EMERYVILLE, Calif. - For the first time ever, the U.S. Department of Agriculture has approved two Bay Area based companies to offer "lab-grown" chicken.
Upside Foods of Emeryville and Good Meat of Alameda are the first two U.S. food production companies that are approved to produce and sell the meat that is made from cultivating animal cells.
Upside Foods founder and CEO Dr. Uma Valeti was a cardiologist at the Mayo Clinic when he started experimenting with growing animal cells in a controlled environment. On Wednesday he stood in the demonstration kitchen at his firm’s 70,000 square foot production facility.
He said excitedly, "This is the biggest moment in the history of food and meat in the last hundred years. I think meat production will never be the same again."
He shared the company wants people to sign up for a chance to attend a food tasting event where they can try the chicken.
"It’s tender, juicy, smells, looks and tastes like chicken! It’s real meat and the U.S. government agrees with us, that our product is ready for the U.S. market," he said.
Unlike Beyond Meat and other alternative meat producers who use vegetable-based foods to resemble the taste of beef, this meat has its origin in chicken, not vegetables.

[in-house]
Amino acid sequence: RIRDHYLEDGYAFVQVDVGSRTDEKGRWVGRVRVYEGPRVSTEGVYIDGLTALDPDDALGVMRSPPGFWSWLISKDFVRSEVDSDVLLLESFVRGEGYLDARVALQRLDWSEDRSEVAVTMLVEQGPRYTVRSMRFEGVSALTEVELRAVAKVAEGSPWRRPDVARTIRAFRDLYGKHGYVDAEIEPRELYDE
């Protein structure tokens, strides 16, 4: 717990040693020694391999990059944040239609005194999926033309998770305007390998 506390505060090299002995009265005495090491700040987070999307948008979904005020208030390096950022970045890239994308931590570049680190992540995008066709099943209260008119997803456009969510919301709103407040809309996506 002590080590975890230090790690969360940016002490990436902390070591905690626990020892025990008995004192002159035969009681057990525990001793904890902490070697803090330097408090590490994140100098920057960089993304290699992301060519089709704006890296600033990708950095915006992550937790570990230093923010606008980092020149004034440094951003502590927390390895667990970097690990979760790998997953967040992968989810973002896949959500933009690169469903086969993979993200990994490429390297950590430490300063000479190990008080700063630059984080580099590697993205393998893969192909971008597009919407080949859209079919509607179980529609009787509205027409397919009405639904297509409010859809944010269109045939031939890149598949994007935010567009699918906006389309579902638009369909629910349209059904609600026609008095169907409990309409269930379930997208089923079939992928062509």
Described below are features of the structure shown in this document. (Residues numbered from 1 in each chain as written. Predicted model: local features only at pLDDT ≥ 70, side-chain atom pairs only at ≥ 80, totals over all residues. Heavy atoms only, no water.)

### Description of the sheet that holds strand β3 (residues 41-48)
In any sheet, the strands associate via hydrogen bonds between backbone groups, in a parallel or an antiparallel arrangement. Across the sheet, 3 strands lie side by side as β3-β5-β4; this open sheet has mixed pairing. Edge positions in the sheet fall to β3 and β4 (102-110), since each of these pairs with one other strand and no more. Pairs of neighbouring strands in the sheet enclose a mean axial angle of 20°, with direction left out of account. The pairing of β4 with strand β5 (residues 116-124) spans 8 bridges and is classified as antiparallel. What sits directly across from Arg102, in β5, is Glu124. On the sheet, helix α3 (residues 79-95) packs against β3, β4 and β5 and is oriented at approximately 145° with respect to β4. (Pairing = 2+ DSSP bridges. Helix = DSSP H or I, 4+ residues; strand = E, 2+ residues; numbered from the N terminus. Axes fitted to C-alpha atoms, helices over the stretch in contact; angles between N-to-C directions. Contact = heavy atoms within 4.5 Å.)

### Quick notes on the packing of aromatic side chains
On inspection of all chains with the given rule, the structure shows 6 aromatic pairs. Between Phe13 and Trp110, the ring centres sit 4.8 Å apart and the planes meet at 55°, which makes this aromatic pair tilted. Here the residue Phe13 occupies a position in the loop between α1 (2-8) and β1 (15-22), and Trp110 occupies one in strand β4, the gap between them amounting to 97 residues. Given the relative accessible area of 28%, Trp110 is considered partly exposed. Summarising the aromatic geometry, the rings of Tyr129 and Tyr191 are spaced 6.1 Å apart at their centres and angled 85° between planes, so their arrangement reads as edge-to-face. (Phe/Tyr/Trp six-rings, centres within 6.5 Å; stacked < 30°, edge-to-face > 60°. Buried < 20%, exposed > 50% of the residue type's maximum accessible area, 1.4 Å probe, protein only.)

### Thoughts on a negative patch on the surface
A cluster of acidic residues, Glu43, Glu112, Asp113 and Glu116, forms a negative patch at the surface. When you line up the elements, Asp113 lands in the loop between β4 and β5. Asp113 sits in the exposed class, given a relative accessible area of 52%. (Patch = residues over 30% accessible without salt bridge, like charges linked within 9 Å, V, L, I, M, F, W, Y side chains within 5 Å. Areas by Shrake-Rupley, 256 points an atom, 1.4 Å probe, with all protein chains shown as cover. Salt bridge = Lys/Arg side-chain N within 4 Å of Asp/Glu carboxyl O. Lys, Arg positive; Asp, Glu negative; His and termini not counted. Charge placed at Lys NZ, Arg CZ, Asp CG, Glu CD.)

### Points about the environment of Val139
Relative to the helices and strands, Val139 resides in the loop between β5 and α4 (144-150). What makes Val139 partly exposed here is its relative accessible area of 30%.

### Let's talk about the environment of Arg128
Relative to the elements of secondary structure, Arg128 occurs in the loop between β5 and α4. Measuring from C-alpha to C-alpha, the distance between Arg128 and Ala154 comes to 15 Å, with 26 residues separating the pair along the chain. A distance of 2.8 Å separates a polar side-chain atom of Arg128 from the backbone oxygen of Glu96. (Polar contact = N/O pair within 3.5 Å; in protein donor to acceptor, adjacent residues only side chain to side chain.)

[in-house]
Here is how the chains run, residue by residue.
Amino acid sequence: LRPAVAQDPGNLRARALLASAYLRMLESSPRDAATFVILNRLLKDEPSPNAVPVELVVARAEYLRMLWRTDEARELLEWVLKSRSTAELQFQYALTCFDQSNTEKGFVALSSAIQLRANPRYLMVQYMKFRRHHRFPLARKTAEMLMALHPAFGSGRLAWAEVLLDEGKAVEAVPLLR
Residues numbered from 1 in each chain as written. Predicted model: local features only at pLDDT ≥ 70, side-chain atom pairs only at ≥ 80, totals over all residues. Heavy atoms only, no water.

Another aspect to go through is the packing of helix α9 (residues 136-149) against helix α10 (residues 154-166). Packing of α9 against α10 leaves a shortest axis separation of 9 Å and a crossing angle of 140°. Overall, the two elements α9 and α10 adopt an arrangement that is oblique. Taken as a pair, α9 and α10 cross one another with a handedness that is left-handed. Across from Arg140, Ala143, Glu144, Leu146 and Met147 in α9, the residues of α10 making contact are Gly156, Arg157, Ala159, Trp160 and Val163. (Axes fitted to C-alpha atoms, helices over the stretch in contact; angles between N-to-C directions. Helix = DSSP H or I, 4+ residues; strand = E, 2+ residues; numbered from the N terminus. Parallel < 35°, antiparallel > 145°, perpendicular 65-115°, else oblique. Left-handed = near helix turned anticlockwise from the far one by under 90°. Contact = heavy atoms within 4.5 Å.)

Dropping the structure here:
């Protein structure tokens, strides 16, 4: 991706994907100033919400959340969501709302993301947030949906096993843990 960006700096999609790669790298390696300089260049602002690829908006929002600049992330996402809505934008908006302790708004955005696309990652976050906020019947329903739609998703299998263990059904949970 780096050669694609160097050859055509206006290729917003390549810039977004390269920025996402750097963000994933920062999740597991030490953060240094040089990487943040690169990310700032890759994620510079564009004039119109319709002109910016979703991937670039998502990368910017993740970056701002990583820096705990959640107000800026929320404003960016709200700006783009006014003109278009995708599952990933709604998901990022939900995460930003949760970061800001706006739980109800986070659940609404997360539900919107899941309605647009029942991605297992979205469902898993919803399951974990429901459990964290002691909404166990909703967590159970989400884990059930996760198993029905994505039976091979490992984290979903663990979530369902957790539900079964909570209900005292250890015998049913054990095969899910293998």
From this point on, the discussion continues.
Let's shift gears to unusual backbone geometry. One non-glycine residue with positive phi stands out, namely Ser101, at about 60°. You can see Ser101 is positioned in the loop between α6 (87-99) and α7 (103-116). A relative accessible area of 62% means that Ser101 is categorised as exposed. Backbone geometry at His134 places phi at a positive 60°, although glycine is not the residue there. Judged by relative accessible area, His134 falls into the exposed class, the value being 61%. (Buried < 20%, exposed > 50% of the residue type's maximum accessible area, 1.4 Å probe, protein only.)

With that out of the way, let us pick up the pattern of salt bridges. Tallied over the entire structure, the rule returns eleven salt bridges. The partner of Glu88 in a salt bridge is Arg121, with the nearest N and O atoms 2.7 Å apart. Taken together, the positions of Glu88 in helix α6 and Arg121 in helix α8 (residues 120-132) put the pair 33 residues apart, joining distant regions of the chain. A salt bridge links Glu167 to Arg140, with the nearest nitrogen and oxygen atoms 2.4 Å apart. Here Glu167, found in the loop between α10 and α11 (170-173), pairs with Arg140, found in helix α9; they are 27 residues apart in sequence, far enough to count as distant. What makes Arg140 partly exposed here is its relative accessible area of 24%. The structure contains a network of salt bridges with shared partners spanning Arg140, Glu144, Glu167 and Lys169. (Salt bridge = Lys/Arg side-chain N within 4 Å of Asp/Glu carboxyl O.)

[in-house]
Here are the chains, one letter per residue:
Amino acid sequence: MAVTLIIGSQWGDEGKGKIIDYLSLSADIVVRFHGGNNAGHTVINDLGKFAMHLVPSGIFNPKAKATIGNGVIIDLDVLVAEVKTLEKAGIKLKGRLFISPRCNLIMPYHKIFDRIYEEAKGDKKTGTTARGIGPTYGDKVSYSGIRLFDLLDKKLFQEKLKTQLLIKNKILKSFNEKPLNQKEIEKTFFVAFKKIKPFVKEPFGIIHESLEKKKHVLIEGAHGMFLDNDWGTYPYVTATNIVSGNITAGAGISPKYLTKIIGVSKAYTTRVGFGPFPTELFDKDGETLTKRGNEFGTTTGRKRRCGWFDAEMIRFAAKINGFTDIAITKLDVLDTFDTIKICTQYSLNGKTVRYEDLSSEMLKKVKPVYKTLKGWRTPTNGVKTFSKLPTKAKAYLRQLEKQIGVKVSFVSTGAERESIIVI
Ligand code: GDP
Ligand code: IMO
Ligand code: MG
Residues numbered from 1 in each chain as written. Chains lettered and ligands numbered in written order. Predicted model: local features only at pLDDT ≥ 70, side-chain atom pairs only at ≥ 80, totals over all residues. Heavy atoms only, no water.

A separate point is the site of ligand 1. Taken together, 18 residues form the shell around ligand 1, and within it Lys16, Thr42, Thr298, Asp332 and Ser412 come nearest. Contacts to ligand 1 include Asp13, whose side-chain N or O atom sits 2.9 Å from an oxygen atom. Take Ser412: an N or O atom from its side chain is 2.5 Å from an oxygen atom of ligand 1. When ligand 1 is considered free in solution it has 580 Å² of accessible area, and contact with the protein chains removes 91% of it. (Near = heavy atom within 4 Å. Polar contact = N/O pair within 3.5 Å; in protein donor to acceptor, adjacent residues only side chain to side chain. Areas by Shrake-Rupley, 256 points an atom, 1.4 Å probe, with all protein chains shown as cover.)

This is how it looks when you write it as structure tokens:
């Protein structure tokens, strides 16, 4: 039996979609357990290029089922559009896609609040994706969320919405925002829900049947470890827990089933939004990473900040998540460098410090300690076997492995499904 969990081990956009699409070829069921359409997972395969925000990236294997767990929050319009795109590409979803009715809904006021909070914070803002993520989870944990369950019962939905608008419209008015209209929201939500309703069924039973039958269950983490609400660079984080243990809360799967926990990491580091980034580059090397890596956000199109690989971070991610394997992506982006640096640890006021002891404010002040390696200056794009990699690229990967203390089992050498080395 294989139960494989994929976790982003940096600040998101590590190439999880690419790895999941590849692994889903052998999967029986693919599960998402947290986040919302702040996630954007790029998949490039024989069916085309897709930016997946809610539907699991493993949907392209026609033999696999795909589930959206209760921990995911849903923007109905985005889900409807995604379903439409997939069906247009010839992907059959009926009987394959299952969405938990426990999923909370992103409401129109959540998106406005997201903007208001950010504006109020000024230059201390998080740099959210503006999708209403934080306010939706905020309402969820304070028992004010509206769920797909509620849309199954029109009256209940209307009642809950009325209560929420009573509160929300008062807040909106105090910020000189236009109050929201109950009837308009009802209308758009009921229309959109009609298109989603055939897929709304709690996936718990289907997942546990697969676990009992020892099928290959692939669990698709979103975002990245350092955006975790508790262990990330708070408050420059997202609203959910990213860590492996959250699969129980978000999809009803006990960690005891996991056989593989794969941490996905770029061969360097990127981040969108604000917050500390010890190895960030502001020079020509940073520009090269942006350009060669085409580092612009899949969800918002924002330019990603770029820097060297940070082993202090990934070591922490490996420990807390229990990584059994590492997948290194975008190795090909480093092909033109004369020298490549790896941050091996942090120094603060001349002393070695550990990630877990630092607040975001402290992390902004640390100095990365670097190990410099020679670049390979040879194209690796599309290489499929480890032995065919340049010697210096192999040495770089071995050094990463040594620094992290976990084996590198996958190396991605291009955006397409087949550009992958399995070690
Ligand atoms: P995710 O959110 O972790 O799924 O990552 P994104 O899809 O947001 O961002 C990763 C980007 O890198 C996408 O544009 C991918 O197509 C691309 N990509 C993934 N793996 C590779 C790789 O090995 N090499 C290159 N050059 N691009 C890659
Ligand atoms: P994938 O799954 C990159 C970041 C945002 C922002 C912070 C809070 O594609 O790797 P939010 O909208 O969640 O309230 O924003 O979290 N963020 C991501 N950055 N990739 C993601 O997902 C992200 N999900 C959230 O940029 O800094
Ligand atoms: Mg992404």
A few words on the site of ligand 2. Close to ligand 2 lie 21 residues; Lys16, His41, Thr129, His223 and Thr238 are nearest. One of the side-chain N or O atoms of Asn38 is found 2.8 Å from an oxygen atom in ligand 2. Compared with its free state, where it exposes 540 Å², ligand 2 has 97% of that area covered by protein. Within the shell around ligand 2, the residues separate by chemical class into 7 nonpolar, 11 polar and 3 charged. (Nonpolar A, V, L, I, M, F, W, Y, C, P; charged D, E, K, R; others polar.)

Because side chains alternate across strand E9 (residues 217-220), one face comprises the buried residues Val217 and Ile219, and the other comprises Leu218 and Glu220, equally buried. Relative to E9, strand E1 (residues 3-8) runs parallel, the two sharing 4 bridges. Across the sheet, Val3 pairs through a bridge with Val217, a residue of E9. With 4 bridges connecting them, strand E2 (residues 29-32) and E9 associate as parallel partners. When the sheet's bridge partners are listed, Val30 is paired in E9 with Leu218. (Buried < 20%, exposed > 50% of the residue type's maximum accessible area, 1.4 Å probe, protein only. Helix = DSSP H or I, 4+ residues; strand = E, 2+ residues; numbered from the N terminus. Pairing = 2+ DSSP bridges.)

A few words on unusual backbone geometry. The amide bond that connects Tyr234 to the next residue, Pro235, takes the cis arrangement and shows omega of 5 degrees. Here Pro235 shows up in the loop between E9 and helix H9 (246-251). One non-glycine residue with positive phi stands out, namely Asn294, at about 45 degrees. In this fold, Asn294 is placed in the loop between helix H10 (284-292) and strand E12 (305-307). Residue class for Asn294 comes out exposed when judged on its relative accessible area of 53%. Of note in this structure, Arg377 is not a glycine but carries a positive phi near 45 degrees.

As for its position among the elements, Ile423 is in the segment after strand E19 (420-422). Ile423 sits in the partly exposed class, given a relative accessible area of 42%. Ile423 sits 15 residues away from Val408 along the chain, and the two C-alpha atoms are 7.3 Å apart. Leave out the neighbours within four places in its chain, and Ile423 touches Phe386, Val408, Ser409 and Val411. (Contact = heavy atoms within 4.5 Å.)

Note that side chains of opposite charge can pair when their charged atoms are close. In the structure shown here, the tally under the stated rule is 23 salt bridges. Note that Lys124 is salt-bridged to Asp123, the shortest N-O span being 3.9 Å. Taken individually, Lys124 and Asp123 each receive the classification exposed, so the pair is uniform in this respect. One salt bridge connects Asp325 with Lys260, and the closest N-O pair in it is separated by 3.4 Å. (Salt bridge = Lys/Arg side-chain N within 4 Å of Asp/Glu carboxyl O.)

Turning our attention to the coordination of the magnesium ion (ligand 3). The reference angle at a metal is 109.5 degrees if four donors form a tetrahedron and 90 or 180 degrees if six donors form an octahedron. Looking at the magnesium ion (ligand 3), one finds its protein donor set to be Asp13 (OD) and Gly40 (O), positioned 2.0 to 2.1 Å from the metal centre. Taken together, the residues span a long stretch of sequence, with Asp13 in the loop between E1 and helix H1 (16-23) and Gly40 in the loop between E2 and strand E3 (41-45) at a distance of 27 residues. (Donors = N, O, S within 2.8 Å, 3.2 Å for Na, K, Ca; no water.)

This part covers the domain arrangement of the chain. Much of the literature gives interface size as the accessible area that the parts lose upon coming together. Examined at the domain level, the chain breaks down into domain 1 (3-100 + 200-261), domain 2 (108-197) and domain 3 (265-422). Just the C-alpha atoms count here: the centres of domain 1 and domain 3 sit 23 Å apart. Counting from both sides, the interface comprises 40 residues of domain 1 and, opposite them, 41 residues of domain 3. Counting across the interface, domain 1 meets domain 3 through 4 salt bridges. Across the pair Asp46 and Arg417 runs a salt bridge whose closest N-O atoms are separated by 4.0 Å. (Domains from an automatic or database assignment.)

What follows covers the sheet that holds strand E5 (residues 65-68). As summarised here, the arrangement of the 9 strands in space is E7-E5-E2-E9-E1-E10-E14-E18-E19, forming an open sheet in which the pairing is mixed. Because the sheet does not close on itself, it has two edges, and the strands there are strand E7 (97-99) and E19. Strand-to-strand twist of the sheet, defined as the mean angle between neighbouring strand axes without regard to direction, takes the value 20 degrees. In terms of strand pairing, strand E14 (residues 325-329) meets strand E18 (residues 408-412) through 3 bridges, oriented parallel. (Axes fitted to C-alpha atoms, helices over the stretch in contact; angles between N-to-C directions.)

Valeti said benefits of the cultivated chicken, include eliminating the need to slaughter 70 billion chickens a year in order to deliver meat tables around the world.
Jessica Almy, the senior vice president of the Good Food Institute, said lab-grown meat is the food of the future.
"This is a way of making meat using less resources - so that everyone can eat," she said.
As a representative of the larger industry that advocates for food producers looking to future-proof food, Almy shared, "Today is really exciting because it marks the first day companies can start producing this chicken for sale for American consumers."
San Francisco-based Bar Crenn will partner with Upside Foods to serve meals using the cultivated chicken in the coming weeks. Another unnamed restaurant in Washington, D.C. has also committed to introducing the chicken to its customers.
Valeti says, his company will work with restaurants first to introduce the product. It will likely take about two years before consumers will see the product on grocery store shelves.
Alice Wertz is a freelance reporter for KTVU Fox 2 News. She can be reached at email@example.com twitter: @AlicesTake.